How to Increase Blog Traffic in 9 Proven Steps via @CoScheduleClick To Tweet
Increase Blog Traffic With These Powerful TemplatesBefore you move on, make sure you claim your blog traffic templates to help build your content, keyword, and SEO strategy for success.
The Basic Principles of Driving More Blog TrafficBefore we dive into the details, there are some basic principles you’ll need to know about content marketing—specifically when it comes to blog posts. The CoSchedule Blog, for example, has grown to more than one million page views per month following these processes. So, what are those principles? They’re simple. Your content needs to be:
- The most useful content on your topic. Teach a reader something new; cover something in greater depth. Whatever type of content you’re creating for your blog, don’t publish it unless it’s genuinely the most useful content for your target audience.
- Easy to find. Whether that’s tons of social shares or position #1 for a keyword, remove as many barriers as possible for a target reader to find your content.
Understand Your Blog Traffic SourcesChecked both of those criteria off your blog checklist? It’s also worth spending some time inside your website analytics to see where you’re starting from. Use Google Analytics’ Traffic Acquisition report to spot where your existing blog traffic comes from. (We’ll build on these later.)
Search EnginesPeople search Google for hundreds of things every day. On page one, search engine algorithms pull a list of 10 URLs they think are best-suited to a searcher’s query. The ability to find new content is the reason why 68% of online experiences begin with a search engine. But remember: there’s more to search engines than Google. You can also search for videos on YouTube, for presentations on SlideShare, for photos on Unsplash, for tweets on Twitter… the list goes on. If you want to get search traffic from all these platforms, you just need to put your content there and make sure it's optimized for the keywords that people might use to find it. Well, actually it's a little bit more complicated than that. But just by publishing quality content on all these sites, you really win half of the battle.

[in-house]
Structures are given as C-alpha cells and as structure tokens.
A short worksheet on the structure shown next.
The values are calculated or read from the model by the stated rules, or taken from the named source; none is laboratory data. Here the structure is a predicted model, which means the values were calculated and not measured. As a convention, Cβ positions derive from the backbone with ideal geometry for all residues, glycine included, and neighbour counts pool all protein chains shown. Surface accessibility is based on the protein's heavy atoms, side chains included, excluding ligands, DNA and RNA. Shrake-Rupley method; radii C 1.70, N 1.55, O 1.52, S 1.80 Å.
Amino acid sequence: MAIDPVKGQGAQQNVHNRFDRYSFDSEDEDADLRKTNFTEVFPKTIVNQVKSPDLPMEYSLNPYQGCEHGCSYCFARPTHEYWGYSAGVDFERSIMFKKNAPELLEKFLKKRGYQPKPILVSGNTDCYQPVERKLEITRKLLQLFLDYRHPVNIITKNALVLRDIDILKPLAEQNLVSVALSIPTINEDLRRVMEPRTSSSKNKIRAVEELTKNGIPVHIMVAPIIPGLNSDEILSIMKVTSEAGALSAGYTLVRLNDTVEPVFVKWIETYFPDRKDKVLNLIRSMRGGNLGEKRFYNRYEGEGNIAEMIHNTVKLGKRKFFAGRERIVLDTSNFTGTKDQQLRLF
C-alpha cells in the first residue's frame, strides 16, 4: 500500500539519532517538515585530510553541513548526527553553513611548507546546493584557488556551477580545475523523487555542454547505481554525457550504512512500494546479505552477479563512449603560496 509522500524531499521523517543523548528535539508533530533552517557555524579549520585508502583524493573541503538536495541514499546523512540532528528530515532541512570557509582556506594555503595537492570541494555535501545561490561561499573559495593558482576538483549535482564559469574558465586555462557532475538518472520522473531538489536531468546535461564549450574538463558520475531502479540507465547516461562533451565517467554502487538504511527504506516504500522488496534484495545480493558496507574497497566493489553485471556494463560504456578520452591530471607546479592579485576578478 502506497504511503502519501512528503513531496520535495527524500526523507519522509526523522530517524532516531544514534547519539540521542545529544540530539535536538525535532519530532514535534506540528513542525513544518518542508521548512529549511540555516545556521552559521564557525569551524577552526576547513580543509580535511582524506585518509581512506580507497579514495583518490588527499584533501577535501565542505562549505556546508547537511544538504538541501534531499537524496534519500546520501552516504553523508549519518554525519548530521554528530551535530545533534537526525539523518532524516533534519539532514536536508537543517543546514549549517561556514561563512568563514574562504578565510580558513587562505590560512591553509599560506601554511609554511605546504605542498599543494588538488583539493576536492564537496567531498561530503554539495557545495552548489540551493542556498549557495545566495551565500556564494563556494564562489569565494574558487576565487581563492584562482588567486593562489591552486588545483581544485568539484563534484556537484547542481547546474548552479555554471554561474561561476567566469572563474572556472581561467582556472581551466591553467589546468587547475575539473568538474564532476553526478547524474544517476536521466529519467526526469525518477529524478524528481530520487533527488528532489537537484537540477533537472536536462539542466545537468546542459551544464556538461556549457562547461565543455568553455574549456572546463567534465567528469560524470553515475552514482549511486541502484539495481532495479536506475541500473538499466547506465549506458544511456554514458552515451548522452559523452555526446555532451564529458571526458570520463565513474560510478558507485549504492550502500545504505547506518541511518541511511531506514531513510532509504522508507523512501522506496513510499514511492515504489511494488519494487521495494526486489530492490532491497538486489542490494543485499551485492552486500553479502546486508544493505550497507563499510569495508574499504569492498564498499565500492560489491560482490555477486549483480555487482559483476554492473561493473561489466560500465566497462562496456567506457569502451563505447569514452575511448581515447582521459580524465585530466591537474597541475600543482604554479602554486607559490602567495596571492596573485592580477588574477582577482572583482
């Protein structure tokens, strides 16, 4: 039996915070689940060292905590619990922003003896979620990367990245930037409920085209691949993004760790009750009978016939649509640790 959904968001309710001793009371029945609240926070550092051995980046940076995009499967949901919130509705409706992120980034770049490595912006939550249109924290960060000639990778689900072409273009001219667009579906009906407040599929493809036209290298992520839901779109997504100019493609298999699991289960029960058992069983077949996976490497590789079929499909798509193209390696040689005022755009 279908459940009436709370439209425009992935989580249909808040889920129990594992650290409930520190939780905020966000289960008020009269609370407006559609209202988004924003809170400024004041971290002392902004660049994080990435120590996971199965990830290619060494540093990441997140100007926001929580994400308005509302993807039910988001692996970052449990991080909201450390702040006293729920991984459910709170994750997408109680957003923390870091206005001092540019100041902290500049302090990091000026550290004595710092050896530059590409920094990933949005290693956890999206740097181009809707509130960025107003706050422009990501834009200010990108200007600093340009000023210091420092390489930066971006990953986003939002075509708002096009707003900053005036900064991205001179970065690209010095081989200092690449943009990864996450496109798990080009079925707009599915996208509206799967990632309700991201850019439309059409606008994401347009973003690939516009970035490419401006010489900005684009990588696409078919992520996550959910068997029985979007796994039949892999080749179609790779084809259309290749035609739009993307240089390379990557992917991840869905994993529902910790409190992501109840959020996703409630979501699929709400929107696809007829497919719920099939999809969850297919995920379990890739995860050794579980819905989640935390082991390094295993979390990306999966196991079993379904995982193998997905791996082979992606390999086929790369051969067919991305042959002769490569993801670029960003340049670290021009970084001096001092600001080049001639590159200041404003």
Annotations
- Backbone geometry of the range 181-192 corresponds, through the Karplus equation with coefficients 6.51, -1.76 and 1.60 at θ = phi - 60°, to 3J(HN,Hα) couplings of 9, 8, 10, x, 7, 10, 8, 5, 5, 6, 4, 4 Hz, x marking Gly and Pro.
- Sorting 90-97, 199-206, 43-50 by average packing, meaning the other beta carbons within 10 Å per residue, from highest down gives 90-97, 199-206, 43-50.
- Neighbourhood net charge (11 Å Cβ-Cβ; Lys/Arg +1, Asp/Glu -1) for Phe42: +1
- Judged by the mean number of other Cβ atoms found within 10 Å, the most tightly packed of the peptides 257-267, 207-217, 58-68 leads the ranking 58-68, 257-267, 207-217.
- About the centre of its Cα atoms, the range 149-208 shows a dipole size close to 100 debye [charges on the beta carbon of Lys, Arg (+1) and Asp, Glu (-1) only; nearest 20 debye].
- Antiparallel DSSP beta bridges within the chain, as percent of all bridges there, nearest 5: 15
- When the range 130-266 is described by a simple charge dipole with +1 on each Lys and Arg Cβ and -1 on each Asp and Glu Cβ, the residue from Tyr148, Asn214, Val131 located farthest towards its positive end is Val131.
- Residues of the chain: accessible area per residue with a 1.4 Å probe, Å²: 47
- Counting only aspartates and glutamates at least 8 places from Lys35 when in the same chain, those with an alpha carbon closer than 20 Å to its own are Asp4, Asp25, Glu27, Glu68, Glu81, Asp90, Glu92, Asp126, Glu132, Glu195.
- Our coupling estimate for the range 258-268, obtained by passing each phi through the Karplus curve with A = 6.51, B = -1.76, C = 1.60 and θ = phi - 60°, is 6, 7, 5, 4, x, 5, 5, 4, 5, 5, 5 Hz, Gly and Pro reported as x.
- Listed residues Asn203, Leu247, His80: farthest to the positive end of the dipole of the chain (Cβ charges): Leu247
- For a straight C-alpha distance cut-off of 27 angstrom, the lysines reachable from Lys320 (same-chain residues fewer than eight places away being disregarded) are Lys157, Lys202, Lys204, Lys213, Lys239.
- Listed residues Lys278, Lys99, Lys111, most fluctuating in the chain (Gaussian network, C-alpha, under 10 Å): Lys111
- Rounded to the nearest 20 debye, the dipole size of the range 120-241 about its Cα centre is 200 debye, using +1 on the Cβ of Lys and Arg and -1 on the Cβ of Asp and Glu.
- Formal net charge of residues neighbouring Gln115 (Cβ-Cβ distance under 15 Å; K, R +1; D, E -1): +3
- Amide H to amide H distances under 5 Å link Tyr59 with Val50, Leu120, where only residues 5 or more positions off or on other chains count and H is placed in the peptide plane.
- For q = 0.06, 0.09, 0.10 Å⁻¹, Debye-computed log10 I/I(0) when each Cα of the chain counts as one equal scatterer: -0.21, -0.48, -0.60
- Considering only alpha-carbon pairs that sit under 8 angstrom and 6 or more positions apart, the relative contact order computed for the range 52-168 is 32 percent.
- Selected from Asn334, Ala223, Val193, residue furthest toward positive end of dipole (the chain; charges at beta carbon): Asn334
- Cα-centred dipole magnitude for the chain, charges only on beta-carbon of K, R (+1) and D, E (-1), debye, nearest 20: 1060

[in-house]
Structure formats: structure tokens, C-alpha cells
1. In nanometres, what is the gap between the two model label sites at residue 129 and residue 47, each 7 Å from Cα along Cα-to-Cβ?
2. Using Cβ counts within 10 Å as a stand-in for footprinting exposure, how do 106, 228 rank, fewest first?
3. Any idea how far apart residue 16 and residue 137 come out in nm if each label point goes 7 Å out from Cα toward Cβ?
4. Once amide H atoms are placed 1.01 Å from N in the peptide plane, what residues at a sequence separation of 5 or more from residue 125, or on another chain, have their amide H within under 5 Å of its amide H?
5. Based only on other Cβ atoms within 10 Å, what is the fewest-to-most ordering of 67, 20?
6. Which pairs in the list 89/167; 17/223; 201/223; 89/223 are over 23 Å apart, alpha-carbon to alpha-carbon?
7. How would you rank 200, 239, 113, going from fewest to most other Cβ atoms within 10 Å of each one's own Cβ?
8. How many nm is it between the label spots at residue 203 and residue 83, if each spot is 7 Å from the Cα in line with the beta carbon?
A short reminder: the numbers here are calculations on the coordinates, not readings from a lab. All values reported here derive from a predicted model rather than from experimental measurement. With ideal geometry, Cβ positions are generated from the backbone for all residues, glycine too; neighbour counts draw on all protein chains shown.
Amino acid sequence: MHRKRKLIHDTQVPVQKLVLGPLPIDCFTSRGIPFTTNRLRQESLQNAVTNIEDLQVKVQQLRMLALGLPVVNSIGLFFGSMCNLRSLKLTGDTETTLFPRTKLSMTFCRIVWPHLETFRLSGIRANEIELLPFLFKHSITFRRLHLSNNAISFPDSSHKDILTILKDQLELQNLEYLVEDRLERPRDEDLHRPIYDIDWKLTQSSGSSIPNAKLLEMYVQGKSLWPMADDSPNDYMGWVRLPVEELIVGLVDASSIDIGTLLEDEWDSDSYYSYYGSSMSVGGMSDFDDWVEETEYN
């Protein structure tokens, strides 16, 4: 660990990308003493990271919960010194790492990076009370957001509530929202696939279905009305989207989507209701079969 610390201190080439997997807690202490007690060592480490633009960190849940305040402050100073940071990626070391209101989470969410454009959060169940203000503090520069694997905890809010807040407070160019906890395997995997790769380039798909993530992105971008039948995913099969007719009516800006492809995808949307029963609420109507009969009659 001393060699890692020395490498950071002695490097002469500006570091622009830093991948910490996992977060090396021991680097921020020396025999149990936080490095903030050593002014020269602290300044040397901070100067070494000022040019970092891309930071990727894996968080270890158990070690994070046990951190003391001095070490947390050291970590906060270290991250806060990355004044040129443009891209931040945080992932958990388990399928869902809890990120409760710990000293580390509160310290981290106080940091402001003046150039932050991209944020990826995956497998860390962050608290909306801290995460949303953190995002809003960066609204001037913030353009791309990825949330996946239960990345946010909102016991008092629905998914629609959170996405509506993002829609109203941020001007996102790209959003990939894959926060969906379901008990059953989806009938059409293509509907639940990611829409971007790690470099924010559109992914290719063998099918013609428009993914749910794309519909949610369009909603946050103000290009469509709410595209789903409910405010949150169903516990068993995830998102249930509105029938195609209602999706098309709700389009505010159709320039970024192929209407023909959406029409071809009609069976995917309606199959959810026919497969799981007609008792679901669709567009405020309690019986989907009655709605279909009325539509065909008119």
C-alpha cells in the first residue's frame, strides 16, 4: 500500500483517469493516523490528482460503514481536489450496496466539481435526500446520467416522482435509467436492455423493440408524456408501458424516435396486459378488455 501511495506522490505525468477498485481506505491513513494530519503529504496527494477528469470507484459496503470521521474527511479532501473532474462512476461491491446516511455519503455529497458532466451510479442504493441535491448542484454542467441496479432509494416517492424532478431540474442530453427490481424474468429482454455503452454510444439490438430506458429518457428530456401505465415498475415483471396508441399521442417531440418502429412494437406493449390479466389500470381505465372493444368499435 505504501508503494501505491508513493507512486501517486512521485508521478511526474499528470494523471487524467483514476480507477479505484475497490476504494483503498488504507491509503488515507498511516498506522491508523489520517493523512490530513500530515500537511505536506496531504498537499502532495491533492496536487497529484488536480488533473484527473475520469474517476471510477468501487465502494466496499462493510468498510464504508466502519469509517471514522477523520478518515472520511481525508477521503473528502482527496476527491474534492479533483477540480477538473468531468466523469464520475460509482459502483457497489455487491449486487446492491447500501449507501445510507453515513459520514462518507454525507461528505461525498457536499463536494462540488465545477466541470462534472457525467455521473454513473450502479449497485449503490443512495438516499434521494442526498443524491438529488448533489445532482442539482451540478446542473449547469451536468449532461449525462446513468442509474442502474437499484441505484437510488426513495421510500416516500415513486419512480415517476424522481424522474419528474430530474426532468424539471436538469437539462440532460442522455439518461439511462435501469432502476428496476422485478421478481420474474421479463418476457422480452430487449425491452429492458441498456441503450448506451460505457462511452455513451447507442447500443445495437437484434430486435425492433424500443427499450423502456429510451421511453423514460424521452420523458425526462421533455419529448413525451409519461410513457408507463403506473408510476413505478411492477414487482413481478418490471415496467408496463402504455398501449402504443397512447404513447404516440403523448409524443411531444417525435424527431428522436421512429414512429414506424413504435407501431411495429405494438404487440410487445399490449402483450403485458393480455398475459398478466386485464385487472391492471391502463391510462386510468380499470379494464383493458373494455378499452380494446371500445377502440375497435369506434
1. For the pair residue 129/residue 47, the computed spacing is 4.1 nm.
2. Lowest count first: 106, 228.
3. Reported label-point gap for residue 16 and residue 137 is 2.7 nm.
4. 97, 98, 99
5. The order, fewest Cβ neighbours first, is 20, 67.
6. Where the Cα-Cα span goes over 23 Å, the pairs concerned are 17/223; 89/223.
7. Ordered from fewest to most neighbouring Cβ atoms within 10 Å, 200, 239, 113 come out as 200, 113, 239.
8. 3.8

Social MediaAsk anyone where they hang out online and I’ll bet that social networks form the bulk of their internet time. Daily active users on sites like TikTok, LinkedIn, and Facebook Groups are growing at an astounding rate. It’s why 82% of the US population are actively using at least one social media platform. Dig into your Google Analytics and see which social media platforms are already driving the most blog traffic. You might find that each time you’ve promoted content in a Facebook Group, you get a 5-day surge in page views. Or when an influencer reshares your blog post with their audience, page views for the day are 30% above average.
Email MarketingThe email inbox is a sacred space for many people. More than half of consumers head to their email inbox first thing in the morning. It’s where they communicate with brands they love, reply to work emails—and in some cases, discover new content. If you have a mailing list, figure out how many new readers you’re driving to your blog through each campaign. Find the average open rate for blog-related emails: the percentage of people who saw your email and clicked a link in it. (If you don’t have a newsletter, there’s no better time than now to create one.)
Direct TrafficThat's the kind of traffic you get when your audience—and people coming from "search"—share your content with their friends. They might tweet your article, share it on Facebook, link to it from their own blog, or send the URL to someone via Skype. Either way, blog readers who come directly to your website are usually doing so off the back of referrals from family and friends.
Paid TrafficIncreasing blog traffic is hard work. Sometimes, cash can be the fuel you need to get the engine going. Paid traffic is the people you’re driving to your blog who’ve found you through a paid advertisement. This could be anything from Facebook and Twitter ads, right the way through to sponsored influencer content and submissions to content distribution sites like Zest.
More New Content ≠ More Blog TrafficNow we know the different sources you can use to drive people to your blog, you might be left with one question: Can’t I just publish more new blog posts to get more traffic? Maybe. But it also might not be worth your effort. We put this to the test at CoSchedule and upped our posting schedule from 2 to 3 posts a week. When you compare the data before and after the experiment:
- Social shares decreased by an average of 236 per post. That’s a grand total of 1,950 which was 294 less than the previous average of 2,244. Yikes.
- Comments decreased by 4 per post. So that’s 17 compared to the previous 26.
- Page views increased by 317.5 per post. Yes, that is an increase. It makes a total of 26,204 page views compared to 24,299. That’s an increase of only 1,905 page views to publish 2 more blog posts in a 2-week period.